How You Say It Is Just As Important As What You Say

January 19th, 2019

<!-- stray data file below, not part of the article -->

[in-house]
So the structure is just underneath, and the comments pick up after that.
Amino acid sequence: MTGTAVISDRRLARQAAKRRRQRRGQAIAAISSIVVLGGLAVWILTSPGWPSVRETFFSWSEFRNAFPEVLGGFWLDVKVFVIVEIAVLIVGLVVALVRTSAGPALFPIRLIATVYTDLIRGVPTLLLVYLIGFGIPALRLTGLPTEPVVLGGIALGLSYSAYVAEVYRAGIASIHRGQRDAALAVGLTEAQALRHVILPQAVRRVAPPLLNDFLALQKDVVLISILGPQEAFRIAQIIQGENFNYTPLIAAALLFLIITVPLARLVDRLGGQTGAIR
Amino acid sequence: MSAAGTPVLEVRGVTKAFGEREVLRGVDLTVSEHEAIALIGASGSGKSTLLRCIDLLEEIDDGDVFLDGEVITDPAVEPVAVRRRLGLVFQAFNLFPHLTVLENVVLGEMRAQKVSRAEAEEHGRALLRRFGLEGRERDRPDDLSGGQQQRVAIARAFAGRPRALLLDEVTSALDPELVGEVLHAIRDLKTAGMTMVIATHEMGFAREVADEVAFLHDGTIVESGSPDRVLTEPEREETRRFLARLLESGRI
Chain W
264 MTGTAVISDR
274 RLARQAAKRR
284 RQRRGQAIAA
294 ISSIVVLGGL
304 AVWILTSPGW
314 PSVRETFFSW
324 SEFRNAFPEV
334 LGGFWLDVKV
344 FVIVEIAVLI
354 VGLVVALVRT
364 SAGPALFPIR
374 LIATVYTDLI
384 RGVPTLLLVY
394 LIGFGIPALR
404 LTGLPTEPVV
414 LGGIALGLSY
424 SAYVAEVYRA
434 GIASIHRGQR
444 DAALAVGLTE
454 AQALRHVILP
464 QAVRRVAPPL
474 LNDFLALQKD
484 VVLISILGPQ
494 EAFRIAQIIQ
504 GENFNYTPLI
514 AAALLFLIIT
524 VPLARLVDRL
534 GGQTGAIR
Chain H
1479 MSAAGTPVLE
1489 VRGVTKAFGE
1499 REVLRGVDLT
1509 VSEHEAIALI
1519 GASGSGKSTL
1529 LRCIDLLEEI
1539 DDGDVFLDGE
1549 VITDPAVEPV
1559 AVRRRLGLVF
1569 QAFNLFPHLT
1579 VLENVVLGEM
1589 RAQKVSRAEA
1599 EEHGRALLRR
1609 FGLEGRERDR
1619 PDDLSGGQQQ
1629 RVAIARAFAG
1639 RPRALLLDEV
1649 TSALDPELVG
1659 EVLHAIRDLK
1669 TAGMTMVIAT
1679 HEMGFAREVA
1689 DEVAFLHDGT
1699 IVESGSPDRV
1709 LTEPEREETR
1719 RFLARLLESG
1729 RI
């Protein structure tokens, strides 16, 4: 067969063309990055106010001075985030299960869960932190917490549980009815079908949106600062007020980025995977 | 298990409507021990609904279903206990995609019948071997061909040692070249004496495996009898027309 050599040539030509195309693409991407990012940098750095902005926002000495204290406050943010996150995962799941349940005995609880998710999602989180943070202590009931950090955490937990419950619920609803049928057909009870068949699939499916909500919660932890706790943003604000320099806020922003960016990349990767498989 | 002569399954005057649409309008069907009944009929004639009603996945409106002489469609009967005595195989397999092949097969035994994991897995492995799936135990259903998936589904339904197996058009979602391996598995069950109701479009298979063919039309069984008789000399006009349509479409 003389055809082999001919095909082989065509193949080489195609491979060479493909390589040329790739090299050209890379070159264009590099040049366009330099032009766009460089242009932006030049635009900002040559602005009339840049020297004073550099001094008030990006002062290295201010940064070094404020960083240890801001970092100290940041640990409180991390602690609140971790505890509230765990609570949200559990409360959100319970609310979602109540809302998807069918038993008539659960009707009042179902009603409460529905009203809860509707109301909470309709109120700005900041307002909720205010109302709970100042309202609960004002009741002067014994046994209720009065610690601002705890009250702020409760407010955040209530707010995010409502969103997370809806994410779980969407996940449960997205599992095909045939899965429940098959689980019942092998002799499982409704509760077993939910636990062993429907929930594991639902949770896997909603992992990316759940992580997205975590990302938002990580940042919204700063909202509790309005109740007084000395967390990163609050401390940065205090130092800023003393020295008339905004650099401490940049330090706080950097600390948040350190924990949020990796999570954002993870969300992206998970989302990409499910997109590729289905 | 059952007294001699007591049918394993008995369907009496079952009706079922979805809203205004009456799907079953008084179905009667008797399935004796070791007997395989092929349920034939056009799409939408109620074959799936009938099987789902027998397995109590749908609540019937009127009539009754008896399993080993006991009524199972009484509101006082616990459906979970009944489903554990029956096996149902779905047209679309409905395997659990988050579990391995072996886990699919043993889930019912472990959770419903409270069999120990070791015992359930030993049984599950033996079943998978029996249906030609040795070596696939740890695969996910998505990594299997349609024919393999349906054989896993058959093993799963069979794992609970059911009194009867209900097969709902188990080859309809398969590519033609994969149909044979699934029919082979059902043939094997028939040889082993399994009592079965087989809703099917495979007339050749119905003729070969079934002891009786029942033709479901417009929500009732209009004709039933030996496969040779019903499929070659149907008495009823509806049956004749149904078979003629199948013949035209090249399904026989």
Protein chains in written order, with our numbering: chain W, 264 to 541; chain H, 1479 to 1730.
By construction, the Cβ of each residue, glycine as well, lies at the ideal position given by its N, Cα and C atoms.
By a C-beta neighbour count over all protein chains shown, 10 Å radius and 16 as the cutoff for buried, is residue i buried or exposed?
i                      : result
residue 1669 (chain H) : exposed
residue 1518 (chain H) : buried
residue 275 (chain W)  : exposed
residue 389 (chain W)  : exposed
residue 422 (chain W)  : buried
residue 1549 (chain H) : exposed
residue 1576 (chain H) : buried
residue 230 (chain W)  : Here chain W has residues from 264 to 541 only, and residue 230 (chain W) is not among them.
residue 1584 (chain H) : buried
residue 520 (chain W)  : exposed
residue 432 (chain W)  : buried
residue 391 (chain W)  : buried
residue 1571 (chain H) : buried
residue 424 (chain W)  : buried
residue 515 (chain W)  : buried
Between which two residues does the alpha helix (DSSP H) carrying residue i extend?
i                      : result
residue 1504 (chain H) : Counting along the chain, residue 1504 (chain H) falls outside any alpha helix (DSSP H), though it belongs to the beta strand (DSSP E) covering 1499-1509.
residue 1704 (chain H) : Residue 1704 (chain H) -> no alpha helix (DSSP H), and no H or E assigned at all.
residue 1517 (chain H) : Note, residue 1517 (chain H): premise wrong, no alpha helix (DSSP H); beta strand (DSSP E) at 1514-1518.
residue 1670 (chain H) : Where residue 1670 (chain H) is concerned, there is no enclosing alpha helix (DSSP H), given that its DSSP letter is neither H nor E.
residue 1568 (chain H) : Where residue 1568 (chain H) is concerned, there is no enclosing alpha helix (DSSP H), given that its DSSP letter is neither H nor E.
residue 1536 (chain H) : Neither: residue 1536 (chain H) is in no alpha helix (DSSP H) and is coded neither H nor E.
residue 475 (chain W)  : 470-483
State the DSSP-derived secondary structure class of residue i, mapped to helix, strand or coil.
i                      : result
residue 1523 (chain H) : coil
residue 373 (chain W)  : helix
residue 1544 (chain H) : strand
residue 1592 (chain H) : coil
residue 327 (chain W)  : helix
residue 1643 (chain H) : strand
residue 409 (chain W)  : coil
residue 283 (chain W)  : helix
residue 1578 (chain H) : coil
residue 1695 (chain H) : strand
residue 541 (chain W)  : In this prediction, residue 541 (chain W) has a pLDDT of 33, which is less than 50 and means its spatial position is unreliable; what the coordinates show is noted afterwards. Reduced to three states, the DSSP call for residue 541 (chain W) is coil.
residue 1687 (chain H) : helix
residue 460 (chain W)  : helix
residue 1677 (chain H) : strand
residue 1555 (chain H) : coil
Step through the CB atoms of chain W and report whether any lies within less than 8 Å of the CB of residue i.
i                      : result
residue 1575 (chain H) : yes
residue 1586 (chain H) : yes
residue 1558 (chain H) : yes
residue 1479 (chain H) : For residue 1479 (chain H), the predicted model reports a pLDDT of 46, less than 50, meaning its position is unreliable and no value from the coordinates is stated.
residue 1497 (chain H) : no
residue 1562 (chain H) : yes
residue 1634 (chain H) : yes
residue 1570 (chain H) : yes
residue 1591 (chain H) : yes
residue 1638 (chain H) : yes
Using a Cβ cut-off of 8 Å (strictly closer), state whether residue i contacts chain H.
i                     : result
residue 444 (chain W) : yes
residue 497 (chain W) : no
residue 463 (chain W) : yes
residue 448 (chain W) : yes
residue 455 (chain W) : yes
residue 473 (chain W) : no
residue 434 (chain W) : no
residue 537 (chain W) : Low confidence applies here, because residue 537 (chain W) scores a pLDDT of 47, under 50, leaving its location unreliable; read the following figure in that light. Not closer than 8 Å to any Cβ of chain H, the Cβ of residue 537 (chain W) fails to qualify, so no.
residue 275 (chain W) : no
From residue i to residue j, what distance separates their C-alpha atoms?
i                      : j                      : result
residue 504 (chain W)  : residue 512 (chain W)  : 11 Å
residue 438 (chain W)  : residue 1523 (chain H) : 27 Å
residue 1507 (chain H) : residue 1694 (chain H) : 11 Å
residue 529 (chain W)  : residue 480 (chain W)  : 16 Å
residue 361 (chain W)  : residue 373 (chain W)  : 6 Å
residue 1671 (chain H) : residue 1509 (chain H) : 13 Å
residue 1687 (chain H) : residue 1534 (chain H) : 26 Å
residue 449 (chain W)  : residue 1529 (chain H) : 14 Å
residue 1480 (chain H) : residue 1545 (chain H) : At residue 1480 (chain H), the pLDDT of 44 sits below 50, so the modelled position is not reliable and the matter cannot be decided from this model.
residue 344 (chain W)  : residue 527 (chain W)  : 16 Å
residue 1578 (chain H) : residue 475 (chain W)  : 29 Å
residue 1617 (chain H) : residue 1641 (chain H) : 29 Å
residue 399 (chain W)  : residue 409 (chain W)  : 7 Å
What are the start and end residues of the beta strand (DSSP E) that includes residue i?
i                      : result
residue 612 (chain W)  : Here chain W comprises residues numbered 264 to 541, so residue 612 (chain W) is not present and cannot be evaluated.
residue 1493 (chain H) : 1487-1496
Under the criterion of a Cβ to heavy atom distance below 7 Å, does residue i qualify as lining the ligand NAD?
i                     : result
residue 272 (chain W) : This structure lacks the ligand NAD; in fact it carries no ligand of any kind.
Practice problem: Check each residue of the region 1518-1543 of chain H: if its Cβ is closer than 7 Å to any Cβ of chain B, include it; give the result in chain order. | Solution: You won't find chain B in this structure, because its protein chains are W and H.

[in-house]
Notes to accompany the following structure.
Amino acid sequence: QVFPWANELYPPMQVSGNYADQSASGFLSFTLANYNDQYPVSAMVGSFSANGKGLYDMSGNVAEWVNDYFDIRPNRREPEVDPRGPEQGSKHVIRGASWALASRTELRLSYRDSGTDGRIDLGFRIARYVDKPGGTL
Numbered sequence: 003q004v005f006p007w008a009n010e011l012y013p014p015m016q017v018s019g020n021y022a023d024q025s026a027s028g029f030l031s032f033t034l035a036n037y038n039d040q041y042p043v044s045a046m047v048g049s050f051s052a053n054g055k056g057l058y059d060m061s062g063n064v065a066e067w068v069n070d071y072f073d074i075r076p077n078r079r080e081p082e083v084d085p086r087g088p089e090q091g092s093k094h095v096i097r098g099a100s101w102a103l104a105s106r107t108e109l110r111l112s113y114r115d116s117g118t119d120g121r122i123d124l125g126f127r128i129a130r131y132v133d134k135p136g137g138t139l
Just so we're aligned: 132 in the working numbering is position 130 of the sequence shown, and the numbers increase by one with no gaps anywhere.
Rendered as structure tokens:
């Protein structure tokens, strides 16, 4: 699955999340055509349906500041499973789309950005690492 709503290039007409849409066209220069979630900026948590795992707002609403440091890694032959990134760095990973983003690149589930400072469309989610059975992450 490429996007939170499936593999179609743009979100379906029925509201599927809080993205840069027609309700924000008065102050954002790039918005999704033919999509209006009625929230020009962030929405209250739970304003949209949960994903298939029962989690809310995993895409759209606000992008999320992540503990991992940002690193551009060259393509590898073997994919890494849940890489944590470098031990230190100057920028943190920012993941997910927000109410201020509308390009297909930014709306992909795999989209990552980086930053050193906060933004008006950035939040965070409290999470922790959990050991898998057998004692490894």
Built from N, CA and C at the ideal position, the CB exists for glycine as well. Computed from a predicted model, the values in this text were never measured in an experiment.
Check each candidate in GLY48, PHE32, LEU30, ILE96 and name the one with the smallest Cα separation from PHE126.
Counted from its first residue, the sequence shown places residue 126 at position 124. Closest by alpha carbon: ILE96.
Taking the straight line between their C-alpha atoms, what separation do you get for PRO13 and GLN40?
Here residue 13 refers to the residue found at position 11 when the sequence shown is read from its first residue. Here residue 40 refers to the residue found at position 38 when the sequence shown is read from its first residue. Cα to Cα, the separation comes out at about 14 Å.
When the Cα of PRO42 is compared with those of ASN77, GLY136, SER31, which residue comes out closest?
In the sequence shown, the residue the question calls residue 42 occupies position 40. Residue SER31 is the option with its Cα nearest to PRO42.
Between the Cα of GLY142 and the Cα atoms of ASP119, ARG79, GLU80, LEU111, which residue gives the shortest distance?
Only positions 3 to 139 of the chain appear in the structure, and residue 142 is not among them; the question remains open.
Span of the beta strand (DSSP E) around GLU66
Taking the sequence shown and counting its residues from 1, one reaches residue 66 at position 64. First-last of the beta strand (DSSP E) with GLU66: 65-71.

Most of the time you and your child get each other. But, when you don't get each other, there's a disconnect. Disconnects usually occur when your verbal and nonverbal behavior don't match up. When your child has an emotional fever, active listen. Verbal, use feeling words. Nonverbal, look at him, get down on his level, lean in, all nonverbal behaviors that tell him you are listening and that he is the most important thing to you in the world at that moment. When your child's verbal and nonverbal don't match up, observe and confess. "Son, you are telling me to go away, but you are crying. I'm confused. I just want to help." If he runs into your arms, you got your answer. If he yells, "I said go away," then leave, for the moment. Follow with, "when you want to talk about it, I want to listen." Both you and your child say things with your actions as well as with your words. How you say something is just as important as what you say.